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Details of Grant 

EPSRC Reference: EP/M005429/1
Title: DILiGENt: Domain-Independent Language Generation
Principal Investigator: Rieser, Professor V
Other Investigators:
Riedel, Dr S Lemon, Professor O
Researcher Co-Investigators:
Professor A Vlachos
Project Partners:
Department: S of Mathematical and Computer Sciences
Organisation: Heriot-Watt University
Scheme: Standard Research
Starts: 01 March 2015 Ends: 28 February 2018 Value (£): 453,591
EPSRC Research Topic Classifications:
Artificial Intelligence Comput./Corpus Linguistics
EPSRC Industrial Sector Classifications:
No relevance to Underpinning Sectors
Related Grants:
Panel History:
Panel DatePanel NameOutcome
09 Sep 2014 EPSRC ICT Prioritisation Panel - Sept 2014 Announced
Summary on Grant Application Form
We propose a two year project to develop a novel data-driven methodology to rapidly create high quality NLG systems for new domains, by combining recent advances in three domains:

(1) advances in statistical models for NLG,

(2) crowdsourcing methods for natural language data collection, which have shown first promising results in related fields, such as Machine Translation, and

(3) recently developed imitation learning algorithms for structured prediction.

The project team combines expertise of two leading research groups in these areas:

At Heriot-Watt University, we recently demonstrated the potential for data-driven statistical NLG in limited domains. In order to make this framework domain-independent we will leverage recent machine learning models, developed by researchers at the University College London. These models learn by imitating the actions a human expert would perform to generate NL utterances, which we collect via a tightly integrated crowdsourcing procedure. The outcome of this work is a framework which will allow the rapid development of NLG systems for new domains, and thus accelerate the impact NLG technology has on the market.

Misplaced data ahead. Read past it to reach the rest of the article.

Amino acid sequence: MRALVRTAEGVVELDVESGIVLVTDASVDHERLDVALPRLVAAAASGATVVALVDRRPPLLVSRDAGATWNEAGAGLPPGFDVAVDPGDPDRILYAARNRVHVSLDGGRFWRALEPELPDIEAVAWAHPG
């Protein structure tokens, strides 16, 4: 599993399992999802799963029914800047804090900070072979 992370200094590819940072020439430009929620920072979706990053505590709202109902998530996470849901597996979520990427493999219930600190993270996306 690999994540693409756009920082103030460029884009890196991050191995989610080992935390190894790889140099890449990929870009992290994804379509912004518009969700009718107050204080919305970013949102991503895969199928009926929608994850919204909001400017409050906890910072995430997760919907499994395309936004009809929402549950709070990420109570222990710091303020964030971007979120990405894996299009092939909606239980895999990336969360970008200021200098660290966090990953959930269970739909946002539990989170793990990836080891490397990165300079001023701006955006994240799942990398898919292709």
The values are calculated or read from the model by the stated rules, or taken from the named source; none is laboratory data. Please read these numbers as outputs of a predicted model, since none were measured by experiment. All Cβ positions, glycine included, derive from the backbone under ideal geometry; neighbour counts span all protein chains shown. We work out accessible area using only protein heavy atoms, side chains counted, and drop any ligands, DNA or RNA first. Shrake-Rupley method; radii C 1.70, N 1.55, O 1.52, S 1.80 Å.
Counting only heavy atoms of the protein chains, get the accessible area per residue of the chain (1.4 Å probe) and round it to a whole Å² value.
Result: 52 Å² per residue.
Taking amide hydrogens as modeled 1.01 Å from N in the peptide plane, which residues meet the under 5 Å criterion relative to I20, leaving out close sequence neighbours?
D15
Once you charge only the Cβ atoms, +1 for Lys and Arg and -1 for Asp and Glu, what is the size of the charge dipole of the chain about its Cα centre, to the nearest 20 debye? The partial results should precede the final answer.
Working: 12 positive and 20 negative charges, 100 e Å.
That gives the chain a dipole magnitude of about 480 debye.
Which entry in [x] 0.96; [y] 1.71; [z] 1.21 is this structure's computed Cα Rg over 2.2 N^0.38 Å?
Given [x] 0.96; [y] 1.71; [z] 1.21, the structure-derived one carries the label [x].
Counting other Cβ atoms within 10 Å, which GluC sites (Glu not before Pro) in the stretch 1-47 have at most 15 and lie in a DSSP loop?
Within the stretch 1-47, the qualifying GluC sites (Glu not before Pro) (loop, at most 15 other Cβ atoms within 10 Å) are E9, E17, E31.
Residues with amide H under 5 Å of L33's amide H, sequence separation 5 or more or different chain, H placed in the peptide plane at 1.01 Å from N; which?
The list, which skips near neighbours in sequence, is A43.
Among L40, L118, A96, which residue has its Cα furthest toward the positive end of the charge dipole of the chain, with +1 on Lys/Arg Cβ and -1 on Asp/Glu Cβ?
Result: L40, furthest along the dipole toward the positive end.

We will showcase this framework on a dataset provided by the BBC, where we address the problem of generating weather reports for over 20,000 individual locations. Currently, the BBC website features only 10 reports written by meteorologists. Each of these reports covers a rather large area of the country (e.g. East of England), and thus of little interest to their users who are usually interested in the weather in a particular location (e.g. Norwich).

In a second, more ambitious step, we will explore how this framework scales to more complex interactive dialogue settings, where generation has to account for discourse phenomena, such as long-distance discourse relations or syntactic coordination. This will be evaluated in a shared task challenge for generation in interactive systems, hosted by Heriot-Watt University.

In sum, this project will further our understanding of domain-independent language generation, as well as deliver substantial and novel resources to support future research in this area (in the forms of code and data), and practical implementations of NLG systems in a wide-range of domains, from weather reports to natural language interfaces.
Key Findings
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Project URL:  
Further Information:  
Organisation Website: http://www.hw.ac.uk